BRUSSELS, Belgium - The current debate in Europe over biotechnology and genetically modified organisms (GMOs) are having an impact on the installation of a new European Commission.
In the run-up to the crucial mid-September vote in the European Parliament on whether to endorse the commission-designate, the proposed commission team has been answering a series of written questions from the Parliament on key policy issues.
Biotechnology-related subjects feature prominently in the long list of questions the European Parliament has put to the 20 candidates. The Parliament also will hold individual oral hearings of each candidate in the coming days, prior to its vote, which is scheduled for Sept. 15.
Margot Wallstrom, the former Swedish minister who has been designated as commissioner responsible for the environment, has been bold in her written answers. She rejected the widely backed idea of a moratorium on all new biotechnology food products. She replied vigorously to Parliament's queries over her views on a moratorium for releasing genetically modified organisms, opposing any arbitrary cessation of registration for biotechnology products, and stating the commission should not back any moratorium as long as current European Union laws are still in place.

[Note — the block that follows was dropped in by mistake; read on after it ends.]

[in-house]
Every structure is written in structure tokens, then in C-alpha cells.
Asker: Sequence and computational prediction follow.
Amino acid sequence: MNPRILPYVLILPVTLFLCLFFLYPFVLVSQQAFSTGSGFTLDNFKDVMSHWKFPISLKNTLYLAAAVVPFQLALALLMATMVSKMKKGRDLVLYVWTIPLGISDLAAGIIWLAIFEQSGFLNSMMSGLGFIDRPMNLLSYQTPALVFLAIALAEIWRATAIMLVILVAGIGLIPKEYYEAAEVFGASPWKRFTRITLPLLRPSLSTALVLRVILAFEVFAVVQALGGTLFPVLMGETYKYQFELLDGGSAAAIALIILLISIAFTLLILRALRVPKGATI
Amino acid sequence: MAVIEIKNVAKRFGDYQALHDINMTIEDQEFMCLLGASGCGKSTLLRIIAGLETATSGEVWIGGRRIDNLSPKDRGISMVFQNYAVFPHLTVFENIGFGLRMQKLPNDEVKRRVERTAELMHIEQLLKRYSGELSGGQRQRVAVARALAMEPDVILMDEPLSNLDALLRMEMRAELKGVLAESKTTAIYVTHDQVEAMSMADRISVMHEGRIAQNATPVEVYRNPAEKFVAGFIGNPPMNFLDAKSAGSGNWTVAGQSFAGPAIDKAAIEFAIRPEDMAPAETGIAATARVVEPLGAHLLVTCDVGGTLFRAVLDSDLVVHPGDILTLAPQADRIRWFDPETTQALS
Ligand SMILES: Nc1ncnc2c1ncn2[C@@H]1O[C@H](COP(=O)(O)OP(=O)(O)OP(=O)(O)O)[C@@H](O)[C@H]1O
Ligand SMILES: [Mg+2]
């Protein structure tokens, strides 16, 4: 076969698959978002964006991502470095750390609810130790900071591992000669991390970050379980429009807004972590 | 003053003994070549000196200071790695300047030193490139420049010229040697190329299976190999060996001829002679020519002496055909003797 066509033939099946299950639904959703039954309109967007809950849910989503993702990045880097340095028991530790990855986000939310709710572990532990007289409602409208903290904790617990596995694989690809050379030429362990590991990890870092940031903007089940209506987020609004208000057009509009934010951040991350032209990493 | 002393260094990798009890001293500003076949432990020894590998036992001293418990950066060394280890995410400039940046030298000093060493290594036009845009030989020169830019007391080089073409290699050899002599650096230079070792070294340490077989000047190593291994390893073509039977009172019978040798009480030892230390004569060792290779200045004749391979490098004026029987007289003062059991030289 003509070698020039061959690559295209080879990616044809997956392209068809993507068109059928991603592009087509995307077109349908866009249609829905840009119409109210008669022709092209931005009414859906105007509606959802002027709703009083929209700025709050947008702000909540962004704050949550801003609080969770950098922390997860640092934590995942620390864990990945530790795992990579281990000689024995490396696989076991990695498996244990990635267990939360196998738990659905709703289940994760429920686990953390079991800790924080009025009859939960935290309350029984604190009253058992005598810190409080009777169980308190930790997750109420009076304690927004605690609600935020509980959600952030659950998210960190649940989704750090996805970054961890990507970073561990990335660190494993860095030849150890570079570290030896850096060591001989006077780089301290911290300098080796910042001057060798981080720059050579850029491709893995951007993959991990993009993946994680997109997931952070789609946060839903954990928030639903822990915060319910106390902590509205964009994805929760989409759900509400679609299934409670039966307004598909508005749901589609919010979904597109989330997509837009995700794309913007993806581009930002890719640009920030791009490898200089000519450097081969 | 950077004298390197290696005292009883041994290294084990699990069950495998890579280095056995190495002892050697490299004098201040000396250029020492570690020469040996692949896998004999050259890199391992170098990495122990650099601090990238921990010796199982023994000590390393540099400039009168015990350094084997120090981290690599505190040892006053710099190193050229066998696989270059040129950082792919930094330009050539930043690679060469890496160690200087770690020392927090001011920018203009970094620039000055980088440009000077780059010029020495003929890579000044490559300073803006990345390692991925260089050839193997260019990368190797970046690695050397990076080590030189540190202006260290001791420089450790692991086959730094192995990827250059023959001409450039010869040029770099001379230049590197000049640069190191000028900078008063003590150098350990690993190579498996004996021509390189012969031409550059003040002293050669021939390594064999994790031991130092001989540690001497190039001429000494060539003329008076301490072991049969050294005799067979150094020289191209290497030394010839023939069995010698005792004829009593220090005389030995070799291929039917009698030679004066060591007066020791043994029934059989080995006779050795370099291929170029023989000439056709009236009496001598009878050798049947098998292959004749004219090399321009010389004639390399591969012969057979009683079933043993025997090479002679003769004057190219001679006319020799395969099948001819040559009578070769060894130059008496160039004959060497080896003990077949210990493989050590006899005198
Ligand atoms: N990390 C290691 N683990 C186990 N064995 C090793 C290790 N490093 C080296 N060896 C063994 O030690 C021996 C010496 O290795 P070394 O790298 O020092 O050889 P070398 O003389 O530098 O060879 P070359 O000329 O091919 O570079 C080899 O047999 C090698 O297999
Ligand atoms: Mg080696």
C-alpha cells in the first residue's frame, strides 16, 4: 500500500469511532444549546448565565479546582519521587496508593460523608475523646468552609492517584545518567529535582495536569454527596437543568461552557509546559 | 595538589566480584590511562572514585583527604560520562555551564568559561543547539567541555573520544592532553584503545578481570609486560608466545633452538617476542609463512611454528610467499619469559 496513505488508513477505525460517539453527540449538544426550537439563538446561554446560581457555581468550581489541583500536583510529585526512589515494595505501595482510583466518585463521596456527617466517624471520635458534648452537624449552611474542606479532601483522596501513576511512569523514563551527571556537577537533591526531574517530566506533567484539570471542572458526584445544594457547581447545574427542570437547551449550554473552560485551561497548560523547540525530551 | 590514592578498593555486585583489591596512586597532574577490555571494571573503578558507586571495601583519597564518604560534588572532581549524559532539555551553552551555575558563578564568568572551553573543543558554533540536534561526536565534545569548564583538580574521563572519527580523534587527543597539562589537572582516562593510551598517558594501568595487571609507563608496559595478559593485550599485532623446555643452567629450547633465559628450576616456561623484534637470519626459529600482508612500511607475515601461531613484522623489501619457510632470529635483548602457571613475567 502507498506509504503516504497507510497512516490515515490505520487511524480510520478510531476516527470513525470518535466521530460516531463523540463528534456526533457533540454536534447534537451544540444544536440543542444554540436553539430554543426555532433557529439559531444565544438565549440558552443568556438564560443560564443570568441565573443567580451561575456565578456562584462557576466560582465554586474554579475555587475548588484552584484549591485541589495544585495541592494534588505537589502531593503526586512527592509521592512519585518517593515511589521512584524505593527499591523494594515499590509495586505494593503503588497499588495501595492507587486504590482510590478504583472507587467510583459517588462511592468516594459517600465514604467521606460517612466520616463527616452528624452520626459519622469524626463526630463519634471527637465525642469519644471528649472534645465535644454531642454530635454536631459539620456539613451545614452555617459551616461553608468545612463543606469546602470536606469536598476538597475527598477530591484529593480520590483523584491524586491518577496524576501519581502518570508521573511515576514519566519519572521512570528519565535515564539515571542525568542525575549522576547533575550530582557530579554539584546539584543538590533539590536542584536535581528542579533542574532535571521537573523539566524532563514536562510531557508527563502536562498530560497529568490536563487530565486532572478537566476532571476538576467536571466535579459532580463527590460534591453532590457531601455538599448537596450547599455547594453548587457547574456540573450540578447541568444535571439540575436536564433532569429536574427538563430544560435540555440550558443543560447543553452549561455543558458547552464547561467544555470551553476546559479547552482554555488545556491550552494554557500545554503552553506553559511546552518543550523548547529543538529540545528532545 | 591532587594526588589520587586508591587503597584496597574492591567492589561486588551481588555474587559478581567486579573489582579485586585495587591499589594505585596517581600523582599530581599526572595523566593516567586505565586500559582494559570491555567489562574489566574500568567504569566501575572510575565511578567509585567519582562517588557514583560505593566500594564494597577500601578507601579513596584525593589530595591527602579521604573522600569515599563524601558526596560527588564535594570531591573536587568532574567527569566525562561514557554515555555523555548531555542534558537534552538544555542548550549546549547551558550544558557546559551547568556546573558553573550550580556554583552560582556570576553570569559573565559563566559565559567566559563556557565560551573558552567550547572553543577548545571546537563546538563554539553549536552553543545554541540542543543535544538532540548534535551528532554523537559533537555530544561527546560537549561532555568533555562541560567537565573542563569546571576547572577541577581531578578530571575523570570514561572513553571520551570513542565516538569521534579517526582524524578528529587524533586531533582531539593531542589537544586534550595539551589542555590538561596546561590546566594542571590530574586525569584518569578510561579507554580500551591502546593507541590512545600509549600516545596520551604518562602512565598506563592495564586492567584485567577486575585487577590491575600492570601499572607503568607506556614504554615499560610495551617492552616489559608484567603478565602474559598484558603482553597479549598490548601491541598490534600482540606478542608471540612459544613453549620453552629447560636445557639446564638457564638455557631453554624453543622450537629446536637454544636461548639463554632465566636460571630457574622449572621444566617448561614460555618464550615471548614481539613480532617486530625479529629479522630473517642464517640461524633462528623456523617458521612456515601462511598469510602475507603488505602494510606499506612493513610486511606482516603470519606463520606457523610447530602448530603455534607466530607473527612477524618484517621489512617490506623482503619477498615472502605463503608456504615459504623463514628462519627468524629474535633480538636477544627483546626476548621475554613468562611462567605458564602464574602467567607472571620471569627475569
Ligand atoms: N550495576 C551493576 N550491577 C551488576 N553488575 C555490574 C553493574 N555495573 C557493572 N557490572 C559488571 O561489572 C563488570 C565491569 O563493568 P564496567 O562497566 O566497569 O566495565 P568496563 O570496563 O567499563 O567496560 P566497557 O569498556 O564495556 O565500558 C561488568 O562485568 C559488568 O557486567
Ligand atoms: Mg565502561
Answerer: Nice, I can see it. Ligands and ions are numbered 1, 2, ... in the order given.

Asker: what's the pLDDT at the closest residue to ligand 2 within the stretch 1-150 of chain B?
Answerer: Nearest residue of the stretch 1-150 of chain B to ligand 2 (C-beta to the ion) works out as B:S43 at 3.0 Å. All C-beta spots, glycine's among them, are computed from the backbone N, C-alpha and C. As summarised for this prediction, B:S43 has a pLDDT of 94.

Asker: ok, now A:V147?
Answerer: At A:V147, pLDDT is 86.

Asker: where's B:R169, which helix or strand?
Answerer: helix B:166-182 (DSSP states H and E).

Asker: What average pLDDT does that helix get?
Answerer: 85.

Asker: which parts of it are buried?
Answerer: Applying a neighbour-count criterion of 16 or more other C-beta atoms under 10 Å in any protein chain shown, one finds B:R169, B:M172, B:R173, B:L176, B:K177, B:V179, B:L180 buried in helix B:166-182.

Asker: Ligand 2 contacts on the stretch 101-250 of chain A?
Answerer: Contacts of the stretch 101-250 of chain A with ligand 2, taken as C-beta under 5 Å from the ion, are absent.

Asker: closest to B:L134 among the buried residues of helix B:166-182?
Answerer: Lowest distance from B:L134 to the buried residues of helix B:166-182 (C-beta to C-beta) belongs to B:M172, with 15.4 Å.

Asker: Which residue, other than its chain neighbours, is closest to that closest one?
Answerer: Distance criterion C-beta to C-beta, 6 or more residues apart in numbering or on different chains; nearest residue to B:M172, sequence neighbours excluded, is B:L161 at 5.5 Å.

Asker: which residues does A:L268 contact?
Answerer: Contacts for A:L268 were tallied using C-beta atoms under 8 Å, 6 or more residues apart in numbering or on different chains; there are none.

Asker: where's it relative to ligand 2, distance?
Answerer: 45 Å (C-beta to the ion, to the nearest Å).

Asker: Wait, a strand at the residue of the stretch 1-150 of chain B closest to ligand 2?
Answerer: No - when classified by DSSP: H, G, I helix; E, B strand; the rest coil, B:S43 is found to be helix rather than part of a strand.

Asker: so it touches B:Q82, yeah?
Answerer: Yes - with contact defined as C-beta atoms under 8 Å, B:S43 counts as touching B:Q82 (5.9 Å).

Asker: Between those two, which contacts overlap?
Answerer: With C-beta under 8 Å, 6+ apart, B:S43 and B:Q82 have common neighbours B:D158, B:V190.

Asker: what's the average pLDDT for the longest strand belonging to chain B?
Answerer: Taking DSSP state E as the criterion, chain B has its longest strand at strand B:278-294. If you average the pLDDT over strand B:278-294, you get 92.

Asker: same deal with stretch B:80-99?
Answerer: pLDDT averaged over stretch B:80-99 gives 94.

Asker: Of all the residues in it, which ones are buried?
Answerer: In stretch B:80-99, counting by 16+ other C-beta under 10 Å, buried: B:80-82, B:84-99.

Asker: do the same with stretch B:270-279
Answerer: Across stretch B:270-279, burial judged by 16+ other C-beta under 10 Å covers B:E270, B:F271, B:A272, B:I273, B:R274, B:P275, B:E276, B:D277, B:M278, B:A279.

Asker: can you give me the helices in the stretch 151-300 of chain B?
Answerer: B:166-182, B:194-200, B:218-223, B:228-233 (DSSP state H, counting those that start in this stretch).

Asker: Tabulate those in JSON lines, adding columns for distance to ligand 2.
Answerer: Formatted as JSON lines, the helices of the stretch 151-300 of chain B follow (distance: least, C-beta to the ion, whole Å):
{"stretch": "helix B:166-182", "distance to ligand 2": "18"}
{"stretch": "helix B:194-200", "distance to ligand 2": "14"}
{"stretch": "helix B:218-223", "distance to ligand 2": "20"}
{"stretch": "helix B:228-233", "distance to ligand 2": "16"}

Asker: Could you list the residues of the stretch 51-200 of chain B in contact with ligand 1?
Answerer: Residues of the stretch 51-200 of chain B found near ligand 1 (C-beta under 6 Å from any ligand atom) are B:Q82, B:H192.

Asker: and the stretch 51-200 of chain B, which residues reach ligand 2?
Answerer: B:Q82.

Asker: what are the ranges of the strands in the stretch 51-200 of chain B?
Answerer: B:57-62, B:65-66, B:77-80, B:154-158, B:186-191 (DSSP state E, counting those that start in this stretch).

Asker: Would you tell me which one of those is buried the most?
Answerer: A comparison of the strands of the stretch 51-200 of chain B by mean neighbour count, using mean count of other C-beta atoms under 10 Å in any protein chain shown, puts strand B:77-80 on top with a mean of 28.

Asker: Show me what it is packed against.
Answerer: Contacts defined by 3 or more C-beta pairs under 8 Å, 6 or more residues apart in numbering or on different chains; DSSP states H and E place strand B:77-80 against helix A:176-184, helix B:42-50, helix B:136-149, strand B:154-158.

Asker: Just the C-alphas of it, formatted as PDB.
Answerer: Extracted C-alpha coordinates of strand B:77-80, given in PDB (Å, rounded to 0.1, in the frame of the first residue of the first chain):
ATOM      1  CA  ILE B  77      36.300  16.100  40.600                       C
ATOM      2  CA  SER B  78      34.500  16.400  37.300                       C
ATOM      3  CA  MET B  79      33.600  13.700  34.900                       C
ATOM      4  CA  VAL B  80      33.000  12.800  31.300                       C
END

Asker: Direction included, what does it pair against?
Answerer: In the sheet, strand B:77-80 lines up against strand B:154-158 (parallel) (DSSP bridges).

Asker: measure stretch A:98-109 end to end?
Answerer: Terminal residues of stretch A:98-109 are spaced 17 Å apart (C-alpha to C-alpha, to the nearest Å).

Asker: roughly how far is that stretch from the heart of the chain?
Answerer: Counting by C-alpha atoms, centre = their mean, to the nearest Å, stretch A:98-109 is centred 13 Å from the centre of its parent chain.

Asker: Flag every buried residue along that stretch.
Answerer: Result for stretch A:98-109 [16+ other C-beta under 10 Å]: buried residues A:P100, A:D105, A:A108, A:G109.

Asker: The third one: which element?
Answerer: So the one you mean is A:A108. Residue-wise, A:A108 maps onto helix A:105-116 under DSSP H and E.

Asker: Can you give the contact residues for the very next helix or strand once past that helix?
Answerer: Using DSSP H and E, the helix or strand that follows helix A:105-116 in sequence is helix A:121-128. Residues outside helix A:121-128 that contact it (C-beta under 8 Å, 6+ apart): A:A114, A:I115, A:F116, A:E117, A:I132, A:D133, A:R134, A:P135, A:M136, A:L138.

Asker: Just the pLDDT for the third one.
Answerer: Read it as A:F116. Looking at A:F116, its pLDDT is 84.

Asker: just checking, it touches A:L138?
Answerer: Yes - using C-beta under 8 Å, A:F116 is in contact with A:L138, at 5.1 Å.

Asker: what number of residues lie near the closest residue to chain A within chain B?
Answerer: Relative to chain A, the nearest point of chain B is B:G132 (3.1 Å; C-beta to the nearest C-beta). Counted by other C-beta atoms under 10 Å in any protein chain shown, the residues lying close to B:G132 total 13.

"The commission must continue to apply the existing provisions," she said, "and process pending notifications." If any member state breaches current EU rules and decides to hold up such applications without good reason, the commission must take legal action, she insisted.
But she made clear that she sympathized with concerns over biotechnology, and wanted to take them seriously. She spoke of "the need for effective control of GMOs," and "the need for an effective and transparent, as well as efficient, regulatory framework. The debate on biotechnology has been ongoing for almost a decade, and has become more volatile than ever," Wallstrom said.